21 February, 2021

Special look at Relativity 00: Prequel - How we do science

The journey ahead

At the end of the 19th century many people thought that physics was pretty much 'in the bag'. Newton had given us a seemingly universal set of laws describing motion and forces, while Maxwell had done the same for electromagnetism. It didn't really seem like there was much left for the apprentice boffins to get their teeth into.

There were some annoying little problems. One was a small incompatibility between the laws of Newton and Maxwell, and in 1905 a young patent clerk proposed a solution to this problem that was to usher in a new era of physics. That clerk was Albert Einstein and the solution was Special Relativity and it changed fundamentally the way we think about time and space.

If you look at any high school or undergraduate physics textbook and you will find an introduction to Special Relativity based around light clocks and a presumption that the speed of light is constant. I want to take a completely different approach which I hope will lead to deeper understanding while actually making it easier to solve relativity problems. This approach will be based on Minkowski diagrams, also called spacetime diagrams, and will hopefully lead you to an understanding of why the speed of light is constant for all observers, and why \[ E = mc^2 \]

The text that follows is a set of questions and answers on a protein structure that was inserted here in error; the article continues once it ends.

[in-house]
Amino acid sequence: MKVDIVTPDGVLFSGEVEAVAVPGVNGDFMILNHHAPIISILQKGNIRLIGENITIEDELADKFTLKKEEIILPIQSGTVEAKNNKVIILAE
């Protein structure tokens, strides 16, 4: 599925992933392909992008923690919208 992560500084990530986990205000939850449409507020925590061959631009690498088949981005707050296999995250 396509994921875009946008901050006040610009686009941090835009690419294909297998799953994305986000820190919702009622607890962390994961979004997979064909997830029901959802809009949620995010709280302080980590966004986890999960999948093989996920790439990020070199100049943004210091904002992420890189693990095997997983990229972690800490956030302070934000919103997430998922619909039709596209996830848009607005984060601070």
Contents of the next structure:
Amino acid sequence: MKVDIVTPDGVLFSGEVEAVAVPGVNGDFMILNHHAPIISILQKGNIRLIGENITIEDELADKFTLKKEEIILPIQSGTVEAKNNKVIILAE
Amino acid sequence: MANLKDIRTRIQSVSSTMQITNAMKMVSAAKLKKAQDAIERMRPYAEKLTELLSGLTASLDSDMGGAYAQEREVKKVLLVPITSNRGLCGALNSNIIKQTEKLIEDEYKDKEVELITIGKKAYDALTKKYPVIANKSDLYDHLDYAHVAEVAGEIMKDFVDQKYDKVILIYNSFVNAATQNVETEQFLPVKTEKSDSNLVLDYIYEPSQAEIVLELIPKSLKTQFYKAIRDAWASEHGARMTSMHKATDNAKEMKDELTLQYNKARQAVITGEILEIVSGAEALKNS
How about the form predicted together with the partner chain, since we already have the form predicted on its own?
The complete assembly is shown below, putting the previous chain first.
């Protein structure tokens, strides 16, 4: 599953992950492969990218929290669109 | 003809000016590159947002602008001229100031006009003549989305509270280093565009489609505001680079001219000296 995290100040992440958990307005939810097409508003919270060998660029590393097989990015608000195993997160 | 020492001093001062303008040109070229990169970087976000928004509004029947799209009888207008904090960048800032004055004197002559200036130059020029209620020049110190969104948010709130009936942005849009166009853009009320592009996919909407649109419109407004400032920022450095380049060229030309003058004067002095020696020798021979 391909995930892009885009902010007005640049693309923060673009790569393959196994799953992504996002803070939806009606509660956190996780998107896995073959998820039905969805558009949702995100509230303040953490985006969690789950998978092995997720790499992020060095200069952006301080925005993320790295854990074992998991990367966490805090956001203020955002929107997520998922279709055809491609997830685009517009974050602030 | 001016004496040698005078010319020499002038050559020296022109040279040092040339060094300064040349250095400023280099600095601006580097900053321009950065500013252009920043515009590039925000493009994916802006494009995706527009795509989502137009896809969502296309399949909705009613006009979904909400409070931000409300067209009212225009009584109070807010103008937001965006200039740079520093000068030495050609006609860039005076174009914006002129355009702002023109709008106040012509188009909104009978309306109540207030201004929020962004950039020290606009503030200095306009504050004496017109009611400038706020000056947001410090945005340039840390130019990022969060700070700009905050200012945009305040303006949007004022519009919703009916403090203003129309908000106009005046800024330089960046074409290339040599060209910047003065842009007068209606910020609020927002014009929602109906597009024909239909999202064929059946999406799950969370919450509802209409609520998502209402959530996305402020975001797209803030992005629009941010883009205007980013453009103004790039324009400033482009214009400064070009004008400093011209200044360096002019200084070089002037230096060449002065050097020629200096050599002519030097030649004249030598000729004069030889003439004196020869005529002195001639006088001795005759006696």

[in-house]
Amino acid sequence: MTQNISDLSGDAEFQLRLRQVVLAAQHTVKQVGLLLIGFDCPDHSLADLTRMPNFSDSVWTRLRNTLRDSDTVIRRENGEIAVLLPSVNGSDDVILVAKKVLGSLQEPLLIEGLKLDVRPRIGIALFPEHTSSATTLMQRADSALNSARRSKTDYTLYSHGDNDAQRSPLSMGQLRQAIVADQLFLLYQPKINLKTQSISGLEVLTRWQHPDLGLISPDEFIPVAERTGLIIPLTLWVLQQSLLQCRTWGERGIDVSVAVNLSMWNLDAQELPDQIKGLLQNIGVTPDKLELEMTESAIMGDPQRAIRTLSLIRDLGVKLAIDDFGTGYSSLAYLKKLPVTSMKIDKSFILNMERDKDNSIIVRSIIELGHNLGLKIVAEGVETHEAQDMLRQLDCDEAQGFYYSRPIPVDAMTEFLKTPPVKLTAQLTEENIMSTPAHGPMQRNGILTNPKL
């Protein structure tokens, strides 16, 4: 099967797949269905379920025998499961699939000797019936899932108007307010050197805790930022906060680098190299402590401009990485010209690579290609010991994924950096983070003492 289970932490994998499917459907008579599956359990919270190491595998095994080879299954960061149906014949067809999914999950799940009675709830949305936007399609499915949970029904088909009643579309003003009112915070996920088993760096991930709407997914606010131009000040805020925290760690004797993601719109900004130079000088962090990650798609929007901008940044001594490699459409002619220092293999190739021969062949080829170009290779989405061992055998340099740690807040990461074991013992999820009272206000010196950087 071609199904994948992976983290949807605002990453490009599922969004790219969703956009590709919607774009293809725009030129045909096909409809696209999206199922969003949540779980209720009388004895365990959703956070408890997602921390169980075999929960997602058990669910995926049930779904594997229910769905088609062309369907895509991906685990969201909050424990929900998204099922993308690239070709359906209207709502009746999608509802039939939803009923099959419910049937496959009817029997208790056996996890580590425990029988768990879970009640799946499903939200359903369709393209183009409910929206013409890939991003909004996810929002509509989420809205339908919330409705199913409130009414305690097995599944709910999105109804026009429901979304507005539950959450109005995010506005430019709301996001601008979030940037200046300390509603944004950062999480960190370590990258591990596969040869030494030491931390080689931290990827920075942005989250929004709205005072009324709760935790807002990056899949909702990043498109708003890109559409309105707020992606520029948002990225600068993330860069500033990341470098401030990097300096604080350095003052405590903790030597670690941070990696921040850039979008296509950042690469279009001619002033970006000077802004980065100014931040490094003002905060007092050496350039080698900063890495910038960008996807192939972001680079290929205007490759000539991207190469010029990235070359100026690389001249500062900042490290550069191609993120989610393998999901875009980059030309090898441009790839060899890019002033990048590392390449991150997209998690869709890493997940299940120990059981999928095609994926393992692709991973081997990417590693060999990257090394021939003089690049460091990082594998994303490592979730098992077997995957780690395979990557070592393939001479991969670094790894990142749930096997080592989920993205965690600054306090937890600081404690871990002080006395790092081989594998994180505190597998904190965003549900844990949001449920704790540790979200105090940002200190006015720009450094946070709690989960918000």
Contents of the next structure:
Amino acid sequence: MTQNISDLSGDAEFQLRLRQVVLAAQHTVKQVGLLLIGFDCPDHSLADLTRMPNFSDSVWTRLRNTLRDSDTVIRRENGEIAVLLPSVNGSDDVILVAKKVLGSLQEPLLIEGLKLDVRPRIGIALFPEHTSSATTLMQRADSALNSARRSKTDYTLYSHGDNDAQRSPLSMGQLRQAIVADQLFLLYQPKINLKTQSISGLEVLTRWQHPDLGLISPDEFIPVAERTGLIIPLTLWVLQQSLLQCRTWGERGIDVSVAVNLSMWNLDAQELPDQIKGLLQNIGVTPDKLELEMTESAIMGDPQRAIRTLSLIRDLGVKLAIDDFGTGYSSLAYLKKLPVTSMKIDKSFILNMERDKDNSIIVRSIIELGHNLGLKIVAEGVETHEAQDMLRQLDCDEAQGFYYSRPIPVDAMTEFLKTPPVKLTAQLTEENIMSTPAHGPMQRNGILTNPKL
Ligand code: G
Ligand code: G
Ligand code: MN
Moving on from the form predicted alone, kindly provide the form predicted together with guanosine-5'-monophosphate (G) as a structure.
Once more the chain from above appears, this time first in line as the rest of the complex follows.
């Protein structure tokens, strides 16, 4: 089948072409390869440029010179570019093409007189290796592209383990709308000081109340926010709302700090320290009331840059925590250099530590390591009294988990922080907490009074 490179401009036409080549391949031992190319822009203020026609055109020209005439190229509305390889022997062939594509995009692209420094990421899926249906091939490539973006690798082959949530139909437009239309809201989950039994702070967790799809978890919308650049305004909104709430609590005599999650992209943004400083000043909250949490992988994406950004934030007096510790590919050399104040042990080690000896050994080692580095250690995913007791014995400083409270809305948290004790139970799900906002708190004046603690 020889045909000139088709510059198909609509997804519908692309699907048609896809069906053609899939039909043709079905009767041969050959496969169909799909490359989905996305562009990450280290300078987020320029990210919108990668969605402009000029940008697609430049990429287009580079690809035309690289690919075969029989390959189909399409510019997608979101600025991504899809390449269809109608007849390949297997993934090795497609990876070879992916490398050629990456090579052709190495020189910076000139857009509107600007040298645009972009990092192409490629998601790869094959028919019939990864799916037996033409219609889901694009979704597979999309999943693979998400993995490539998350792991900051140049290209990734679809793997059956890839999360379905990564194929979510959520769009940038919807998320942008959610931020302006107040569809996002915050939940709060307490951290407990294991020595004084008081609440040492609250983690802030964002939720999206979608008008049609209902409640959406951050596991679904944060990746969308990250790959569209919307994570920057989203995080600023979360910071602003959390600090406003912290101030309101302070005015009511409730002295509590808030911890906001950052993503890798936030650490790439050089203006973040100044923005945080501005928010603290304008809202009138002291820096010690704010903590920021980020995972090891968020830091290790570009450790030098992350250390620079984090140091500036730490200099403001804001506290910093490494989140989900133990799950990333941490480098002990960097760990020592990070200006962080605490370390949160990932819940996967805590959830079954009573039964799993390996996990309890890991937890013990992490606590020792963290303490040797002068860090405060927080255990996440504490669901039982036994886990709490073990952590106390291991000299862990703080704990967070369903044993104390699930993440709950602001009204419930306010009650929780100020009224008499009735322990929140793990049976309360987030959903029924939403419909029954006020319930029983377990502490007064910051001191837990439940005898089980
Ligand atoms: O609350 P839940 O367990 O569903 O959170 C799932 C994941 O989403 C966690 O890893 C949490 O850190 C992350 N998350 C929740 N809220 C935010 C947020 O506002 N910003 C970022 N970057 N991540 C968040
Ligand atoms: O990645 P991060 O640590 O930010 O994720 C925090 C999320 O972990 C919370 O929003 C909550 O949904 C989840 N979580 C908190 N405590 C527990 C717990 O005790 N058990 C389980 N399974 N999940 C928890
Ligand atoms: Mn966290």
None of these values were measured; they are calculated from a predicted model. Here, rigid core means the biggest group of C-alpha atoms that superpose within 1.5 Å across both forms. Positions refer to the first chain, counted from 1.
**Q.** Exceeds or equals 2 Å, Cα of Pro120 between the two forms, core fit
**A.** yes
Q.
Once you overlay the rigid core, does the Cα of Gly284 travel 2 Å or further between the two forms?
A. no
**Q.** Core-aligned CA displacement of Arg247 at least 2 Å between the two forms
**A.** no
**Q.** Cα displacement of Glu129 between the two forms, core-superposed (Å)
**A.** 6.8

How Science works

Before we develop the spacetime framework I want to indulge in a few words about how science works. Perhaps one of the most succinct summations of science at work is given by Richard Feynman in a lecture to class at Cornell University in 1964.


In summary, when looking for a solution to a problem we make an educated guess, compute the predictions of that guess, then test those predictions against experiment and observation.

In Einstein's case the problem was the incompatibility between the laws of Maxwell and Newton. I want to leave the discussion of the nature of this incompatibility until later. To begin, I just want to introduce Einstein's solution, which was to suggest that perceptions of time and space vary according to the relative velocity of the observers. In other words, if Prof Stick is moving relative to Albert, then they will measure space and time differently. Our quest in this series is to develop a framework which combines time and space in such a way that Prof Stick and Albert can agree on measurements of 'distance' regardless of their relative velocities. We'll call this framework spacetime.

To develop this framework we are going to make a series of educated and not-so-educated guesses and compute their consequences. This is going to take a fair bit of work but at the end we will have a set of predictions that we can compare observation and experiment.

All aboard!

Before we depart, let's pause, look around and get our bearings. Our starting position has 2 reference points:

  • Galileo's Principle of Relativity - which states that all motion is relative and that there are no special or absolute frames of reference. This is important because it means that if two observers are moving relative to each other they both agree on their relative velocity.

  • Einstein's solution to the Newton/Maxwell incompatibility that suggests that observers with relative velocities will measure space and time differently.

OK, so now we know where we are starting from, follow me...and watch your step!

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